WUSA (film)

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WUSA (movie poster).jpg
Promotional film poster
Directed byStuart Rosenberg
Screenplay byRobert Stone
Based onA Hall of Mirrors
by Robert Stone
Produced byPaul Newman
John Foreman
StarringPaul Newman
Joanne Woodward
Anthony Perkins
Pat Hingle
Don Gordon
Michael Anderson, Jr.
Bruce Cabot
Cloris Leachman
Moses Gunn
Laurence Harvey
CinematographyRichard Moore
Edited byBob Wyman
Music byLalo Schifrin
Distributed byParamount Pictures
Release date
  • August 19, 1970 (1970-08-19)
Running time
115 minutes
CountryUnited States

WUSA is a 1970 American drama film directed by Stuart Rosenberg and starring Paul Newman, Joanne Woodward, Anthony Perkins, Laurence Harvey, Cloris Leachman and Wayne Rogers. It was written by Robert Stone, based on his 1967 novel A Hall of Mirrors. The story involves a radio station in New Orleans with the eponymous call sign that is apparently involved in a right-wing conspiracy. It culminates with a riot and stampede at a patriotic pep rally when an assassin on a catwalk opens fire.


Rheinhardt, a cynical drifter, gets a job as an announcer for WUSA, a conservative talk radio station in New Orleans. He is content to parrot WUSA's reactionary editorial stance on the air, even if he does not agree with it. Rheinhardt finds his cynical detachment challenged by a woman he meets in a bar, Geraldine, and by Rainey, a neighbor and troubled idealist who becomes aware of WUSA's sinister, hidden purpose. And when events start spinning out of control, even Rheinhardt finds he must take a stand.[1]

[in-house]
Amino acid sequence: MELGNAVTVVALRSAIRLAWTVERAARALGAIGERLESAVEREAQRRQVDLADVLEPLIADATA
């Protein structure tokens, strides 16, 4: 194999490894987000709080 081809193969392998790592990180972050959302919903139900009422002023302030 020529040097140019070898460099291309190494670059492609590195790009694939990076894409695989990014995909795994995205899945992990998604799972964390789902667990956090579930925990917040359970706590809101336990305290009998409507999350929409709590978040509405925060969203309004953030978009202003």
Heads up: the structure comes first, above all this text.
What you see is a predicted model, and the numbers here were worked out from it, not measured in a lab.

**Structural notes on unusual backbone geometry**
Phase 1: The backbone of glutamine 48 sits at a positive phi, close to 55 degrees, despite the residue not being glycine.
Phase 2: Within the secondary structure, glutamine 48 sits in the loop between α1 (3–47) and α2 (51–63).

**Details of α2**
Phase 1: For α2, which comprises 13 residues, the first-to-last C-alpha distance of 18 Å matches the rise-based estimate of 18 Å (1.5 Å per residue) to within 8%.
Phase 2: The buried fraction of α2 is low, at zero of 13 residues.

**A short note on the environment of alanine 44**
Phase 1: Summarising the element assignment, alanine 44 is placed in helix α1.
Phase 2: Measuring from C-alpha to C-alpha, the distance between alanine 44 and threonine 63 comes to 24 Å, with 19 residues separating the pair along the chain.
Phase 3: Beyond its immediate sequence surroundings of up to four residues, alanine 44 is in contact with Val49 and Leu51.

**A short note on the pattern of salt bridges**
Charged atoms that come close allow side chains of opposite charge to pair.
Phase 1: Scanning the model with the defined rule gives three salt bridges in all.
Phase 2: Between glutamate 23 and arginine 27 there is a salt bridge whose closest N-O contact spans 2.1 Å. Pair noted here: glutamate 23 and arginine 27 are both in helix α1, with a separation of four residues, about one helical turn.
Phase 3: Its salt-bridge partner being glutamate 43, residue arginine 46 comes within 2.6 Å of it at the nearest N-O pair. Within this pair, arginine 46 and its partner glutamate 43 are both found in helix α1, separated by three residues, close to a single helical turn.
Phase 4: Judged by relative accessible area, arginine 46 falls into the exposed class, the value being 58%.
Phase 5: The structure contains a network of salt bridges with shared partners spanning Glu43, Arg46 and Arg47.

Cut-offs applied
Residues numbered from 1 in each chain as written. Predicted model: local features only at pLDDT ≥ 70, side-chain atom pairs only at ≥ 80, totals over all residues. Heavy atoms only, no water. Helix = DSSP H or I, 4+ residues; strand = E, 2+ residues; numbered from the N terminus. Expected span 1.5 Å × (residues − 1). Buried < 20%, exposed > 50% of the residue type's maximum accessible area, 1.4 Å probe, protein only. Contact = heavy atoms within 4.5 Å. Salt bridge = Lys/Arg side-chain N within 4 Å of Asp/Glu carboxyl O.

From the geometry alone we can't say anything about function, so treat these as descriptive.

Bingamon, the station's owner, is sponsoring a white supremacist hate rally that draws a protest from black militants. Rainey attempts to assassinate Bingamon, but after he misses and accidentally wounds someone else, the crowd beats him to death. In the chaos, drugs end up in the possession of Geraldine, who is arrested by the police and later hangs herself in jail. Rheinhardt packs his bags and leaves town.



Anthony Perkins was nominated for best supporting actor of the year by the National Society of Film Critics.

In the 1970s Paul Newman called it "the most significant film I've ever made and the best."[2]

Roger Greenspun, reviewing the film for The New York Times, wrote: "If it were an ordinary bad movie (and it is a very bad movie), WUSA might, in spite of the distinguished names, and less distinguished presence, of its leading actors, be dismissed with no more than a nod to the tension between Rosenberg's ponderously emphatic direction, and Robert Stone's ponderously allusive screenplay. I suspect Stone wins out, for WUSA feels more like poor theater than poor moviemaking—so, that it continually suggests a failed version of The Balcony, even though it strives to fall short of The Manchurian Candidate...Despite its obsession with collecting evidence, and its handy school of pseudo-documentary, WUSA fights unreal battles with an unseen enemy. Lacking either the grace of art or the vitality of guerrilla theater, it can offer only the coarsest nourishment—and only to the elaborately self-deceived."[3]

See also[edit]


  1. ^ WUSA at the TCM Movie Database
  2. ^ Walker, John, ed., Halliwell's Film Guide. New York: Harper Perennial, 1977. ISBN 0-06-273241-2. p. 1276
  3. ^ Greenspun, Roger (November 2, 1970). "Allusive 'WUSA': Newman Stars in Tale about Radio Station". The New York Times.

External links[edit]